Scholars of modern Indian history have often pointed to the continuities in the colonial constructs of Indian society and the nationalist imaginations of India. The village was an important category where such continuity could be easily observed. However, a closer reading of some of the leading ideologues of nationalist movements also points to significant variations in their views on the substantive realities characterising rural India. Focusing primarily on writings of Gandhi, Nehru and Ambedkar, the paper attempts to show that though the village was a central category in the nationalist imaginations and there was virtual agreement that it represented the core of the traditional social order of India, the attitudes of the three leaders towards village society varied considerably. The paper tries to show that while for Gandhi the village was a site of authenticity, for Nehru it was a site of backwardness and for Ambedkar the village was the site of oppression

India, Myron Weiner and the Political Science of Development

The argument here, in brief, is that the political science of development has itself been implicated in the developmentalist framework of India's elites. Further, despite the rhetoric of socialism that accompanied that framework under Nehru, both the practice in India and the development theory that justified it were fundamentally conservative. The conservative elements in the developmentalist framework comprised an ideology of state-exaltation arising out of a 'fear of disorder' or an orientation towards the elimination of 'the cause of unrest'. So implicated were political scientists in the developmentalist goals of India's elites that they failed to provide an independent basis for critique that has become increasingly necessary as it has become more and more obvious that those goals have failed to transform India into the modern, industrial state of its elite's imaginings, have failed at the same time to provide for the basic minimum needs of its people, have failed to eliminate 'the causes of unrest' and have instead drawn the country into the ugly morass of state terrorism in the north-east, Punjab and Kashmir and have failed to provide a basis for accommodation between the Hindu and Muslim populations of the country.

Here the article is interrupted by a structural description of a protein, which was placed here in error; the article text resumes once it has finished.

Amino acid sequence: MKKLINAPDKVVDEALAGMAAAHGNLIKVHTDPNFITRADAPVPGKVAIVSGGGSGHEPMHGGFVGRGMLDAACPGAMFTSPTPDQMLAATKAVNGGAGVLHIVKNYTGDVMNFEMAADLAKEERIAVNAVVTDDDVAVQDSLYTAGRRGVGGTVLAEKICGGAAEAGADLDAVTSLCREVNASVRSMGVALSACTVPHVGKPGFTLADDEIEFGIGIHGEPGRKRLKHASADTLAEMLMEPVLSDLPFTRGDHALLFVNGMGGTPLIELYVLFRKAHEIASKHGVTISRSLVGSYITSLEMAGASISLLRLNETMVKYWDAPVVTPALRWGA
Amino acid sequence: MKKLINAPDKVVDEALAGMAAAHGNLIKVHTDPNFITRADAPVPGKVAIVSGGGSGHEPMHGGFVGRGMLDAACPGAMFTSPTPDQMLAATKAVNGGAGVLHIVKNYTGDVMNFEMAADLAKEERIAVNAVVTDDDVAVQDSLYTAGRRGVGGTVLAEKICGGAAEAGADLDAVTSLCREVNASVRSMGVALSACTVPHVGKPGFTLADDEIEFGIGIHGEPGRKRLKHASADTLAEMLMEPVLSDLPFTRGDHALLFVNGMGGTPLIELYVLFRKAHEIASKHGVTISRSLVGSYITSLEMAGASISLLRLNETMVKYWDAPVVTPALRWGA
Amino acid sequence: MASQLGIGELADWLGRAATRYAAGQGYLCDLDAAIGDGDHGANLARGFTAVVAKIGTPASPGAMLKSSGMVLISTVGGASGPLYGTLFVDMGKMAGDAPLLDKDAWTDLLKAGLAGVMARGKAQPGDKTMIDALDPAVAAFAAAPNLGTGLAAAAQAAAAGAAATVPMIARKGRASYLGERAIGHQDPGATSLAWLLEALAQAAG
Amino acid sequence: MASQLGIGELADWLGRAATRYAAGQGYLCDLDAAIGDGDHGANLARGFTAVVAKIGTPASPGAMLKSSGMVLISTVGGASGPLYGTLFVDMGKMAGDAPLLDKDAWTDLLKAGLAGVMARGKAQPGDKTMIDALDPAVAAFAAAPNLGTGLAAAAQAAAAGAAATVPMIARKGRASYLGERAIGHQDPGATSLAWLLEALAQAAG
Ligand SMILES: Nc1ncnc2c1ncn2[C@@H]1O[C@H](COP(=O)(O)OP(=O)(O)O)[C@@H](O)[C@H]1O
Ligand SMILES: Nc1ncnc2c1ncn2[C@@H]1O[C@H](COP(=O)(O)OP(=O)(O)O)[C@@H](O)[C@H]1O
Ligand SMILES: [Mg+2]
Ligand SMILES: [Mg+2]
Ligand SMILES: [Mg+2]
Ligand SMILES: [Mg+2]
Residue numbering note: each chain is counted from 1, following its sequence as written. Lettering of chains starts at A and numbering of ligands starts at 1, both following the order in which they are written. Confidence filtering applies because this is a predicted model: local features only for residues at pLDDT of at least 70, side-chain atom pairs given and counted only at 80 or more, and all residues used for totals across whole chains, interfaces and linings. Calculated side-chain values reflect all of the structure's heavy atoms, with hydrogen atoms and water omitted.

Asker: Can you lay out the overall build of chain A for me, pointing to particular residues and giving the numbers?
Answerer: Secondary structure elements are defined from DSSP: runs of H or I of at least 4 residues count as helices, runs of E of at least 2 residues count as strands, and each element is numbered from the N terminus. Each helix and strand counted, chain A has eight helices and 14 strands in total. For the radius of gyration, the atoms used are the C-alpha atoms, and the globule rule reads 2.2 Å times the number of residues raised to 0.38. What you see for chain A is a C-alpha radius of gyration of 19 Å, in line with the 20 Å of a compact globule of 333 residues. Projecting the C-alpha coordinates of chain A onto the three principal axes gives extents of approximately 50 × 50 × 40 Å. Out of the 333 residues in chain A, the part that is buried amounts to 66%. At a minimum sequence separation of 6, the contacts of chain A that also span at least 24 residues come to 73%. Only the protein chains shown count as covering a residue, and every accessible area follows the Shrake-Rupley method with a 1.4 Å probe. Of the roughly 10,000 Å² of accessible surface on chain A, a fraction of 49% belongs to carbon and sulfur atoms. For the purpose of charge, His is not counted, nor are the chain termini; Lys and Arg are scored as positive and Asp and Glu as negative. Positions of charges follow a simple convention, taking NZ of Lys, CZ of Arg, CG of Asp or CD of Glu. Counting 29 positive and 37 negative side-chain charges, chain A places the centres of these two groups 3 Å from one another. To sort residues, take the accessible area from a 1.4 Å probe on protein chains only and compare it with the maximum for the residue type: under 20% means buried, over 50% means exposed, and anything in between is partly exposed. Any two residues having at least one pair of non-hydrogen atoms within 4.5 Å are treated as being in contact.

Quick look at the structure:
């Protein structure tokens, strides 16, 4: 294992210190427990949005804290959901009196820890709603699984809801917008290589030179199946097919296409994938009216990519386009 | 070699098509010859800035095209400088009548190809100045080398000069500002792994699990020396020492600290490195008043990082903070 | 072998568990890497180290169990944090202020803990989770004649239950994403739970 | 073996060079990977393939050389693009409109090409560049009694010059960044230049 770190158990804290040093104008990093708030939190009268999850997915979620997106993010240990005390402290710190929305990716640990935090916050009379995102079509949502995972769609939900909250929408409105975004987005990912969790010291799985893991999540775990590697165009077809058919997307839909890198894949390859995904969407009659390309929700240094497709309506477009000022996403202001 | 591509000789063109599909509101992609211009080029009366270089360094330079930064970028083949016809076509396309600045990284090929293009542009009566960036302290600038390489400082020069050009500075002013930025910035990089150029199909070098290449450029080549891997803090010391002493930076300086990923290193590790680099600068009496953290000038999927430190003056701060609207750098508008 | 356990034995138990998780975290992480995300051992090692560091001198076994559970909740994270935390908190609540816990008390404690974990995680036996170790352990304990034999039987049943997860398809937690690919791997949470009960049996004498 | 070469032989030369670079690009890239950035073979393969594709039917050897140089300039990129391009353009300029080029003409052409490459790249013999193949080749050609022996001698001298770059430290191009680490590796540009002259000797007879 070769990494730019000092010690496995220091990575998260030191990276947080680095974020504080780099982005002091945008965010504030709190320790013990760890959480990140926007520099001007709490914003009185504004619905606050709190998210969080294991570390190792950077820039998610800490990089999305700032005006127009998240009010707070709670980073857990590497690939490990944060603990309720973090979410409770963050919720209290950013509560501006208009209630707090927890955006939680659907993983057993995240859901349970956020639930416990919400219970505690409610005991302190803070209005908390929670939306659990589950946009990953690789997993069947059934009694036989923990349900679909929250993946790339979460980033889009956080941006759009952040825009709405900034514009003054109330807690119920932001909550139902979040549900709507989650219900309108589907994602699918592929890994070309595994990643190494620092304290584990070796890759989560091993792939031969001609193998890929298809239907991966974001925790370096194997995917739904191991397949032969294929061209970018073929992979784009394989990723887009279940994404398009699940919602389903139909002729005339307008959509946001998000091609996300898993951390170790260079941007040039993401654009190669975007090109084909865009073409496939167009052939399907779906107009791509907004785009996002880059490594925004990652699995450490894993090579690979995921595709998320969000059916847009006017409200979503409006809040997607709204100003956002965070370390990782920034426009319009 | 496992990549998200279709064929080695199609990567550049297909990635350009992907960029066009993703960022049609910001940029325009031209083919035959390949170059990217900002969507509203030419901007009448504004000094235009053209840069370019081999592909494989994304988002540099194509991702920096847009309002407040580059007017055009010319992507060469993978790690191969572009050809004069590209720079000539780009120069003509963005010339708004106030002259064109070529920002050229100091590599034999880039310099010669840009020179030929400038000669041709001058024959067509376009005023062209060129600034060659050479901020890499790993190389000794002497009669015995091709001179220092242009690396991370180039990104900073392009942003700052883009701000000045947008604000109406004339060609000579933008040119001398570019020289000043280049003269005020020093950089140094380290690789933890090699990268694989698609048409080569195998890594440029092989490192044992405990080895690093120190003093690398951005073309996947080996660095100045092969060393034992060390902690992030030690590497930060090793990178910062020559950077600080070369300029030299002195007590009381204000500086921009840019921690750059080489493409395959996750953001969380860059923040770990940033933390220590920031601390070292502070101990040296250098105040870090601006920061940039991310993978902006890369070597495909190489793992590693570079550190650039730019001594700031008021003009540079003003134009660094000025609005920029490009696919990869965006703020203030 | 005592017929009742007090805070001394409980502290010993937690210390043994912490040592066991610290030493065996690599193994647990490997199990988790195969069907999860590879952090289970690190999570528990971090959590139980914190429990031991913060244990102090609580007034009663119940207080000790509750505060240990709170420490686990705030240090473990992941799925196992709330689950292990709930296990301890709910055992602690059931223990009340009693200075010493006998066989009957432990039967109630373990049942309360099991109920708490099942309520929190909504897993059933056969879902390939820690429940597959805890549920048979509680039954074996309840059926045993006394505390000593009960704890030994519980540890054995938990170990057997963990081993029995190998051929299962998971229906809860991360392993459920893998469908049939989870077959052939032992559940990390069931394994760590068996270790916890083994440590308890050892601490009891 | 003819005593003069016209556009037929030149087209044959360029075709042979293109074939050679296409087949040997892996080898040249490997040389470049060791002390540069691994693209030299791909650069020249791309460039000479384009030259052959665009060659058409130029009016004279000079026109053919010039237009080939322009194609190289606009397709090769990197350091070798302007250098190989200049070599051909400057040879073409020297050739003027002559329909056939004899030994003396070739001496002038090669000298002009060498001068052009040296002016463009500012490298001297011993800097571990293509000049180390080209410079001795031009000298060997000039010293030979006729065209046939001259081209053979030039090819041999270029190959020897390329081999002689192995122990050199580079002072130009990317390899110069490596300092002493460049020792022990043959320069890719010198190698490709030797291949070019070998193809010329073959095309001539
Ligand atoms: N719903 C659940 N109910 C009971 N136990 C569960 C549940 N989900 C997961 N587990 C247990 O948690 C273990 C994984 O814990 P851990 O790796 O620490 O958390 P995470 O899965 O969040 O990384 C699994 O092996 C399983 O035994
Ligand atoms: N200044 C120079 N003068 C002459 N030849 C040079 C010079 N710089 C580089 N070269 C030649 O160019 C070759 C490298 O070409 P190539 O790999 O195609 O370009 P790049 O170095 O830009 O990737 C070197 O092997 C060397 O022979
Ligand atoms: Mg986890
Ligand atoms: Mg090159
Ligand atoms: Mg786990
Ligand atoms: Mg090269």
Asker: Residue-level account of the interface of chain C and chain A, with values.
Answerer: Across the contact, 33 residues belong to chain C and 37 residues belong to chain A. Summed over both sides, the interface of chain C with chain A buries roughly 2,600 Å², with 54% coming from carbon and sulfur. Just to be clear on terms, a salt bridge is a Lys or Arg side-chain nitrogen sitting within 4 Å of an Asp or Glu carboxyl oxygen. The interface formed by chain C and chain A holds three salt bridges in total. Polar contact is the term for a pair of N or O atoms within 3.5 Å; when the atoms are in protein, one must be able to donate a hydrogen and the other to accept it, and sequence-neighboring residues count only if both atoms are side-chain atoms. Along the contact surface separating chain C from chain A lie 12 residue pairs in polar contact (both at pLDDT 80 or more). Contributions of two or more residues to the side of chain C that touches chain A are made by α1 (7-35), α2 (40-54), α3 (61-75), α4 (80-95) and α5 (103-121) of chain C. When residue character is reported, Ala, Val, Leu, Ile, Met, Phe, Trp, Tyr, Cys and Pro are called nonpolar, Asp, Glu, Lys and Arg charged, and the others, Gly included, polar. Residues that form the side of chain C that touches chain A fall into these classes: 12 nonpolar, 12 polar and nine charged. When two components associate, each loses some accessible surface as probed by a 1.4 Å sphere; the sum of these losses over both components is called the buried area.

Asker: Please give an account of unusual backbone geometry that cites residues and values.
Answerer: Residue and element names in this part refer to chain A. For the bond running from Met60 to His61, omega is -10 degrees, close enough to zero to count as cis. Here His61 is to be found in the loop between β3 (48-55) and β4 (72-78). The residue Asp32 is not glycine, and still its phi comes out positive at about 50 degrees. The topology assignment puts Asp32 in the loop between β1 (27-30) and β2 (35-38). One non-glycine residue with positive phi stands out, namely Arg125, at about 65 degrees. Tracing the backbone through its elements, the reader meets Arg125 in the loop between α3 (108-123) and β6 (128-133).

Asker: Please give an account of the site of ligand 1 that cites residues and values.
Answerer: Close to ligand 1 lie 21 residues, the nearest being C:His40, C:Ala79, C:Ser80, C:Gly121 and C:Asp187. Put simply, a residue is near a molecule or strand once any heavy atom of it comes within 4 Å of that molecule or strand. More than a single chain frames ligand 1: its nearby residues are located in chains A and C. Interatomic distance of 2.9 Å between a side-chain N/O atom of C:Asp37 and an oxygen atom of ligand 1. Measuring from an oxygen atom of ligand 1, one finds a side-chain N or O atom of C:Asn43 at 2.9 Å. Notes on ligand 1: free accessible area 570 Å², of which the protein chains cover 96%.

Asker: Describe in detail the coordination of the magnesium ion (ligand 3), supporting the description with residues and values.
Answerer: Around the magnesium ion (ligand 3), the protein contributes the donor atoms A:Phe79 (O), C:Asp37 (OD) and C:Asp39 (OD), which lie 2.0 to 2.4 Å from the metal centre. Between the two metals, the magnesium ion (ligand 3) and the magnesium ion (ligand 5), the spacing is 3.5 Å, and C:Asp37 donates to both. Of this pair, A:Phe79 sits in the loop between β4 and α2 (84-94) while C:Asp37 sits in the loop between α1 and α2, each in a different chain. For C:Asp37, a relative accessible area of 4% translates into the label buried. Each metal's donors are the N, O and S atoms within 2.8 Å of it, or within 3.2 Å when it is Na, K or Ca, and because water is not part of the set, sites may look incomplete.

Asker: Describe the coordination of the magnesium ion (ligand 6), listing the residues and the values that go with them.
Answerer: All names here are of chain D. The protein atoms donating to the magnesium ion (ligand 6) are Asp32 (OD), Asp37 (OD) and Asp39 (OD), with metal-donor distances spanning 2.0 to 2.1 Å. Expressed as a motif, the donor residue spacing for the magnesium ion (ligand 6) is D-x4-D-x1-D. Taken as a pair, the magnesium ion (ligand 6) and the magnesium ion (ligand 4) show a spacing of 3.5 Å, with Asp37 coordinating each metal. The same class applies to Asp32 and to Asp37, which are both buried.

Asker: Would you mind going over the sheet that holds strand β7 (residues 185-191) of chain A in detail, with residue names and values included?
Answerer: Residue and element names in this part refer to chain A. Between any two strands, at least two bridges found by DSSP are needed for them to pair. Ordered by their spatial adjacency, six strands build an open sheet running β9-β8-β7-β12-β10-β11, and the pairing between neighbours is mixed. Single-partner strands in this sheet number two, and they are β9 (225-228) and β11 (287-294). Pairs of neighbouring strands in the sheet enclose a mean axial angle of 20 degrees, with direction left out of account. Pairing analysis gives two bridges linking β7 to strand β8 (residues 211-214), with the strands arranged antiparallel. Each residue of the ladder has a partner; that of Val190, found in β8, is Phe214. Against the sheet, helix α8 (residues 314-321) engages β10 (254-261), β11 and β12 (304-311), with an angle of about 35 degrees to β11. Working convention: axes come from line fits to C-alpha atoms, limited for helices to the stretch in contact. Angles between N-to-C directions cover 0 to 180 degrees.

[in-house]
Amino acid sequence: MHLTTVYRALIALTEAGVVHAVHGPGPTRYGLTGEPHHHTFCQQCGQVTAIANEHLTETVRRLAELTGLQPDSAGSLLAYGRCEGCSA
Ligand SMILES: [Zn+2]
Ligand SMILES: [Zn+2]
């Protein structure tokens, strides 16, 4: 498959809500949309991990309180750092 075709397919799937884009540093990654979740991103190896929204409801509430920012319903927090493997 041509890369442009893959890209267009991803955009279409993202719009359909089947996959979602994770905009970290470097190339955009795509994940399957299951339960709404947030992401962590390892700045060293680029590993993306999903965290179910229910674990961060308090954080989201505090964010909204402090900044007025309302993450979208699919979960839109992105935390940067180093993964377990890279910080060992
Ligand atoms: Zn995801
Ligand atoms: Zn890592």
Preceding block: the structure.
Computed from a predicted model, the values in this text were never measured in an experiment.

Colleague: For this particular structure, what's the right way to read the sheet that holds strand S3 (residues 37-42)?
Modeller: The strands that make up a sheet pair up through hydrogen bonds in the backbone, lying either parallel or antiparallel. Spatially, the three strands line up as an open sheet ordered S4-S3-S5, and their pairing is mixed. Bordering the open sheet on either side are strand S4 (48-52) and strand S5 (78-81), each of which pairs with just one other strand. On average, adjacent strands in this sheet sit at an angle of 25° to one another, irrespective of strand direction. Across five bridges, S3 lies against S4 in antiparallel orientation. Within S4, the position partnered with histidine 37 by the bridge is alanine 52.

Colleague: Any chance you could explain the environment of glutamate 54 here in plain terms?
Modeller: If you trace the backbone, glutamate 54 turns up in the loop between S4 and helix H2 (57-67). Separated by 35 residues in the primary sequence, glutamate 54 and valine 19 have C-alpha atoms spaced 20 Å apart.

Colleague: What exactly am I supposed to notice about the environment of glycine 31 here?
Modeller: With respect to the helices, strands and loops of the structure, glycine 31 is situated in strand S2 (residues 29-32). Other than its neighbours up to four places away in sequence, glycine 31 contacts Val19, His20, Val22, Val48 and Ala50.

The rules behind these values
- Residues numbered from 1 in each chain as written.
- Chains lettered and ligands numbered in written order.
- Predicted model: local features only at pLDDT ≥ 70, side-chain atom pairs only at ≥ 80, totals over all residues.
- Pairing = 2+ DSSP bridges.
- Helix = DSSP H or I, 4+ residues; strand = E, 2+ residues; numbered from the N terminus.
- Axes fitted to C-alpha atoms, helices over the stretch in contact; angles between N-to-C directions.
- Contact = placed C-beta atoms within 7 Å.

The First War with Pakistan

War and Diplomacy in Kashmir 1947-48 by C Dasgupta; Sage Publications, Delhi, 2002; pp 239, Rs 250.

Calcutta Diary

Let us be honest, the Gujarat citizens are being honest to the Gandhi legacy, just as the BJP and its 'parivar' have drawn conclusions which are to their own advantage from the examples set by the Nehru-Gandhi dynasty. Who can deny that it is 'karma' at work? We will be a divided nation and the polity will head towards total collapse because our founding fathers, and the political party which claims monopoly rights of the nation's freedom struggle, wrote a Hindu script for the nation.

The Successor

By the end of next week Nehru's ashes, scattered from the air, would have mingled with the dust and soil of India, as he had wanted them to, and Lal Bahadur Shastri, unanimously chosen as his successor, would be sworn in as the Prime Minister and the composition of his Cabinet annonnced.

Nehru and After

After freedom—nonalignment, planning and secular democracy. These were the gifts in the giving of which Jawaharlal Nehru enriched the nation and himself. It was because of these that the charisma came, the embodiment of an epoch. It was by these standards that he was judged and when he faltered or deviated the people were hurt and angry. The symbol of radical democracy in an age of radicalism—that was Nehru.